This is a research project on a distinctive traditional building technique called the kath-khuni construction prevalent in Himachal Pradesh, India. This indigenous tradition of construction reflects excellent sustainable and earthquake-resistant building techniques using local materials and human resources.


The indigenous building traditions such as kath-khuni construction now face gradual erosion due to the increasing loss of local building skills and knowledge, and displacement of local natural building materials with a growing influx of non-indigenous ones that may be cheaper initially but turn out more expensive in the long run. This project aims to help preserve and sustain kath-khuni building techniques and local skills by undertaking collaborative research on existing and emerging building practices.


This project is part of a planned series of research and documentation activities to disseminate knowledge about indigenous building practices and heritage of India. The project builds upon the foundational work already carried out by SID Research Cell at Faculty of Design, CEPT University, India by project partner A/Prof. Jay Thakkar, with Dr. Skye Morrison and design students which is published as a book ‘Matra: Ways of Measuring Vernacular Built Forms of Himachal Pradesh’ (2008).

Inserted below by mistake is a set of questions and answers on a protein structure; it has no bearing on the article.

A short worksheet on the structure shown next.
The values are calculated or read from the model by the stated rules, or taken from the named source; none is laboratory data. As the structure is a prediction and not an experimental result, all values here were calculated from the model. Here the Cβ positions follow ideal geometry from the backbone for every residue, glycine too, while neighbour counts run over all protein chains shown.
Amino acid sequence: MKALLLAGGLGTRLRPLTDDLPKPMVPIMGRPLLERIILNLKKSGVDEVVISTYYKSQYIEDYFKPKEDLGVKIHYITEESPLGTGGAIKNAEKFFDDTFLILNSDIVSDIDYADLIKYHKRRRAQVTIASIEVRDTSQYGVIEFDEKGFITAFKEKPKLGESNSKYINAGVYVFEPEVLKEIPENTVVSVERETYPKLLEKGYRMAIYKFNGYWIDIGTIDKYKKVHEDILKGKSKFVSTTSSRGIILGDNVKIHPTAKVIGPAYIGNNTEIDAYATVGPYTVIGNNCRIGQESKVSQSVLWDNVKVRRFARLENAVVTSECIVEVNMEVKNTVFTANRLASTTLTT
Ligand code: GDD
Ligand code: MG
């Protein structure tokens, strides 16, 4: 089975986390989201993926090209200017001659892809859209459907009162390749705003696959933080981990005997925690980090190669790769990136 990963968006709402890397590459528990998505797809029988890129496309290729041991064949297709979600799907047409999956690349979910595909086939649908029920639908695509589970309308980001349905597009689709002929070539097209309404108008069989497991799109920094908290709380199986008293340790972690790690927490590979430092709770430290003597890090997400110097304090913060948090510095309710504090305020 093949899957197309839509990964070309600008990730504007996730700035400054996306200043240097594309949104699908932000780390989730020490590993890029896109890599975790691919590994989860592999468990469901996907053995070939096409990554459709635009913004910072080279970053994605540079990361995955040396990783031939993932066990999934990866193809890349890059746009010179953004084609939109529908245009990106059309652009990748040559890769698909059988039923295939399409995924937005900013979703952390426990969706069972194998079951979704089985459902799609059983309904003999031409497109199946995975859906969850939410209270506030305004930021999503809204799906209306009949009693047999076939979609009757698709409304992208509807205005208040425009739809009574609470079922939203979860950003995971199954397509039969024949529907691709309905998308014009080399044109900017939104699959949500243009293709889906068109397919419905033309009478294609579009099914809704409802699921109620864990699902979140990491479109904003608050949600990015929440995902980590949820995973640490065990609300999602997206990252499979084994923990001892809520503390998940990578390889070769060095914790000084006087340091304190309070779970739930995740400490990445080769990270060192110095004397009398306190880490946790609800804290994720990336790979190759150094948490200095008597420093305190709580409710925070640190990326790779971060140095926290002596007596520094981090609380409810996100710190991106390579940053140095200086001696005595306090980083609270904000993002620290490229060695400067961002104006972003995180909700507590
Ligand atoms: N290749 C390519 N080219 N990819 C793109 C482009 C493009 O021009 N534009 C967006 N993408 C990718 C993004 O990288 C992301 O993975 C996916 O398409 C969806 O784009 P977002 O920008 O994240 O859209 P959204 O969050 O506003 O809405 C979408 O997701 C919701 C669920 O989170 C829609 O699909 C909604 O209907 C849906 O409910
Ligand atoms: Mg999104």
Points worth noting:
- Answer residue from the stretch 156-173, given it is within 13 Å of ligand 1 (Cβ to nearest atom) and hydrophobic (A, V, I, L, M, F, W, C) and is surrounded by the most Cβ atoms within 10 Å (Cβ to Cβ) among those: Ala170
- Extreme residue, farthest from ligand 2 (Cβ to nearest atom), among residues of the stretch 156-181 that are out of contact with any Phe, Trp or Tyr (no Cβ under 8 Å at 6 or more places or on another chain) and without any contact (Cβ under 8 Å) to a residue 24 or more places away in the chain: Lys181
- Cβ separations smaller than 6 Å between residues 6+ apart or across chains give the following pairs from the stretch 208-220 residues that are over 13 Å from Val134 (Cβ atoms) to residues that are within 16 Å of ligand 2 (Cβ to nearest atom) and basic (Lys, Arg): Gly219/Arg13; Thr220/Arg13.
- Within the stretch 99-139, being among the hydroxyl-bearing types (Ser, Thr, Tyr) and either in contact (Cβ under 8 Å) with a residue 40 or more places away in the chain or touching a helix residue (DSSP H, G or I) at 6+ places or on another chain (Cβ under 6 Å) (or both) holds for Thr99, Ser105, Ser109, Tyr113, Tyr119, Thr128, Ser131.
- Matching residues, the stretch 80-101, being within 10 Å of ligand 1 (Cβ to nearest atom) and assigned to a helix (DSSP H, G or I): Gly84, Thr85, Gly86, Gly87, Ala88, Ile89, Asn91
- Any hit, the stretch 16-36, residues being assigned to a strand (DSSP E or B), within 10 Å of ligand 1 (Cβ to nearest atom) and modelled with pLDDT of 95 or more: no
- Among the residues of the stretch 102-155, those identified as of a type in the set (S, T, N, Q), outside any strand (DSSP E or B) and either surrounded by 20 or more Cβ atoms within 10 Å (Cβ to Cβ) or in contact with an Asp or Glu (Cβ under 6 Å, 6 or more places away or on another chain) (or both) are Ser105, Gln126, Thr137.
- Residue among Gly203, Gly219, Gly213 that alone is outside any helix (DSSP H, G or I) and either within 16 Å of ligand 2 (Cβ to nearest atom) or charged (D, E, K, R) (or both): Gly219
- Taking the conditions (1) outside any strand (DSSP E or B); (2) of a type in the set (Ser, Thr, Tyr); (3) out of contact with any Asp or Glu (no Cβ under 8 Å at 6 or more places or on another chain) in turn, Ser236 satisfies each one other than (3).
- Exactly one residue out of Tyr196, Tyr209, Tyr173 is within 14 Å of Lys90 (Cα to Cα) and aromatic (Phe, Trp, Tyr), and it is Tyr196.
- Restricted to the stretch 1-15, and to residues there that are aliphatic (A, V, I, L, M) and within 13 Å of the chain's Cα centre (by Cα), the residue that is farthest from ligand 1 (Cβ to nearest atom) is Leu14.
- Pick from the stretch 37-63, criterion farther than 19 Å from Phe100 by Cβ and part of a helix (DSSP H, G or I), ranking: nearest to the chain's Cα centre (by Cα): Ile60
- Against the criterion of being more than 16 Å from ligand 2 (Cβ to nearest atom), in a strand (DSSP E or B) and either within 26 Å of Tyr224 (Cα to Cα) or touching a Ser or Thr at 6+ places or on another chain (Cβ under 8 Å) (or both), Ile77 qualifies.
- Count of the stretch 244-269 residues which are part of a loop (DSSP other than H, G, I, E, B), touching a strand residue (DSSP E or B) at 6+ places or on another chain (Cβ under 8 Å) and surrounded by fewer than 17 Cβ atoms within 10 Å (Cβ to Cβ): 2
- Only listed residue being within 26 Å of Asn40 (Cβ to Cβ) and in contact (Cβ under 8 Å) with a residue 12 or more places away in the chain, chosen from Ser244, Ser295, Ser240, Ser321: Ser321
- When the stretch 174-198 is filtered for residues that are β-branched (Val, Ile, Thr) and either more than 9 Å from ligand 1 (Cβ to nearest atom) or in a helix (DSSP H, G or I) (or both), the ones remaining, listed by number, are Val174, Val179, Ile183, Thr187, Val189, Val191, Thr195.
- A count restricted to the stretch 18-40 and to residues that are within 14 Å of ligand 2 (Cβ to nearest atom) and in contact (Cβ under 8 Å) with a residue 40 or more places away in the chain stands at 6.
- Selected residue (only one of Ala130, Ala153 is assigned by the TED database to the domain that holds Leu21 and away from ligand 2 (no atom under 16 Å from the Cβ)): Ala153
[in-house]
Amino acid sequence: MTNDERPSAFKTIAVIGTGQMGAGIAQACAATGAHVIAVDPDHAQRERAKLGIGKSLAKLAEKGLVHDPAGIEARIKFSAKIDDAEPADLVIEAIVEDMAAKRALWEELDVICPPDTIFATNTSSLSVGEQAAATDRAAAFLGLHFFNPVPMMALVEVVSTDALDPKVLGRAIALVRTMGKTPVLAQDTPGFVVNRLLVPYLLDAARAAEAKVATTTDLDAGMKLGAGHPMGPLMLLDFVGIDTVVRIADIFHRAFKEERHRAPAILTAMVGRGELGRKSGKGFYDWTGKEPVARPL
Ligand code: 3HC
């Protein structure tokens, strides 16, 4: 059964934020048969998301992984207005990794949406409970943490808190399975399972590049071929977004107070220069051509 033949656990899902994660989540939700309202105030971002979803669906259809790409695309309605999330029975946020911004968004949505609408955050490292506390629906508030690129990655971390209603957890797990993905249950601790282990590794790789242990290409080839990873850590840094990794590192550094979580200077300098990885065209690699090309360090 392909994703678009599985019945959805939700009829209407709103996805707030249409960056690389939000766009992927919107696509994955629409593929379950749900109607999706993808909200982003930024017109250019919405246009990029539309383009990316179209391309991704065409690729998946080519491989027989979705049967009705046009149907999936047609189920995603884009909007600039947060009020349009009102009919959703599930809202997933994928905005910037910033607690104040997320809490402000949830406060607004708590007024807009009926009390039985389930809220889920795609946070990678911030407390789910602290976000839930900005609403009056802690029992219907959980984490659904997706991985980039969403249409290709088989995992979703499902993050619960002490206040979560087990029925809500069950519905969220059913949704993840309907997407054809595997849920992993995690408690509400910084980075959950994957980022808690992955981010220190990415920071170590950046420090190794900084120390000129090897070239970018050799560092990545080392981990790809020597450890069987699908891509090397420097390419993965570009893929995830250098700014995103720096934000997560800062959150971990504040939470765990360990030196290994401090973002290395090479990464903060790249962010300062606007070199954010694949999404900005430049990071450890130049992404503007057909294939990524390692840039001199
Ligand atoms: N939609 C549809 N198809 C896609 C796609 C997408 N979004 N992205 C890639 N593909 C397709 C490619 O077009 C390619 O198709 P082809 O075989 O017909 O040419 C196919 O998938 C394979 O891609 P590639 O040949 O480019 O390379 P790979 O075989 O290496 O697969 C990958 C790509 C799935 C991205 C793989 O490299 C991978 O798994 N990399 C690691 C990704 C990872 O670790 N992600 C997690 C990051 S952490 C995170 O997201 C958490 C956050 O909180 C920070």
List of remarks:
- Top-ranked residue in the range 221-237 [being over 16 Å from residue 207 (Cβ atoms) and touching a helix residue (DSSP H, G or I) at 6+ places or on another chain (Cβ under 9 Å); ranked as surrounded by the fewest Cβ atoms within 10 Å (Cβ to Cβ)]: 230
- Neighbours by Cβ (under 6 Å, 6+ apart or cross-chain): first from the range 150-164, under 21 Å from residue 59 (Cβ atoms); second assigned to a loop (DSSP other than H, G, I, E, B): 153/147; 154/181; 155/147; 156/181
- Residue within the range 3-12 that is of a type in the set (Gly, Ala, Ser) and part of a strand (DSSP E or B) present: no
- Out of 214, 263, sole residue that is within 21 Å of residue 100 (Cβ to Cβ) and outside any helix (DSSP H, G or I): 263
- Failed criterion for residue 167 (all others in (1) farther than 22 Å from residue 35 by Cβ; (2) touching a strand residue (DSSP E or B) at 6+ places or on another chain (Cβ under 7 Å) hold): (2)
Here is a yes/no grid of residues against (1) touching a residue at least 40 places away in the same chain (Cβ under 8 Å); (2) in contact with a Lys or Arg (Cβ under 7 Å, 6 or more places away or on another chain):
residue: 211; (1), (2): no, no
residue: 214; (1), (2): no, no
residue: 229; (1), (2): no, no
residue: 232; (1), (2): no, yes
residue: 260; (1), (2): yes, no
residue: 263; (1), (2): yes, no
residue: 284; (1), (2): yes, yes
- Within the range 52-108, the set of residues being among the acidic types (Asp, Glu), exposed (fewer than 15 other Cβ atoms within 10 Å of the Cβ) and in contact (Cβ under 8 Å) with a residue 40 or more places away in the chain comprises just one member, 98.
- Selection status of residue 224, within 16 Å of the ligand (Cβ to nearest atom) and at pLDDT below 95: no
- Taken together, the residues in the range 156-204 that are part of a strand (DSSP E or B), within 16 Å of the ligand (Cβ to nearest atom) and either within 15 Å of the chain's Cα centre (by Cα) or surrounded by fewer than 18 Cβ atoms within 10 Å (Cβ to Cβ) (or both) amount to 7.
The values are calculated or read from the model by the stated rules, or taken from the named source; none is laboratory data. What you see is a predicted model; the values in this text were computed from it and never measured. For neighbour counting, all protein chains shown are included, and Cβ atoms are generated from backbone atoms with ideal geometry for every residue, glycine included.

Team Members

Prof. Bharat Dave

Jay Thakkar

Mansi Shah


Collaborations

The research is a collaborative project and was initiated in 2011 between researchers based in DICRC (Design Innovation and Craft Resource Centre) in the Faculty of Design, CEPT University, Ahmedabad, India and in CRIDA (Critical Research in Digital Architecture) in the Faculty of Architecture, Building & Planning, The University of Melbourne, Australia. The project is supported in part by the Australia India Institute based at the University of Melbourne.


Preparations

To collect data in the field within a limited time, we undertook several preparatory tasks prior to embarking on the actual fieldwork.


Itinerary: Tentative itinerary based on locations of interest were identified in our background research. The itinerary, in turn, helped identify specific information about topography and landscape including distances that were expected to be travelled and sites to be visited.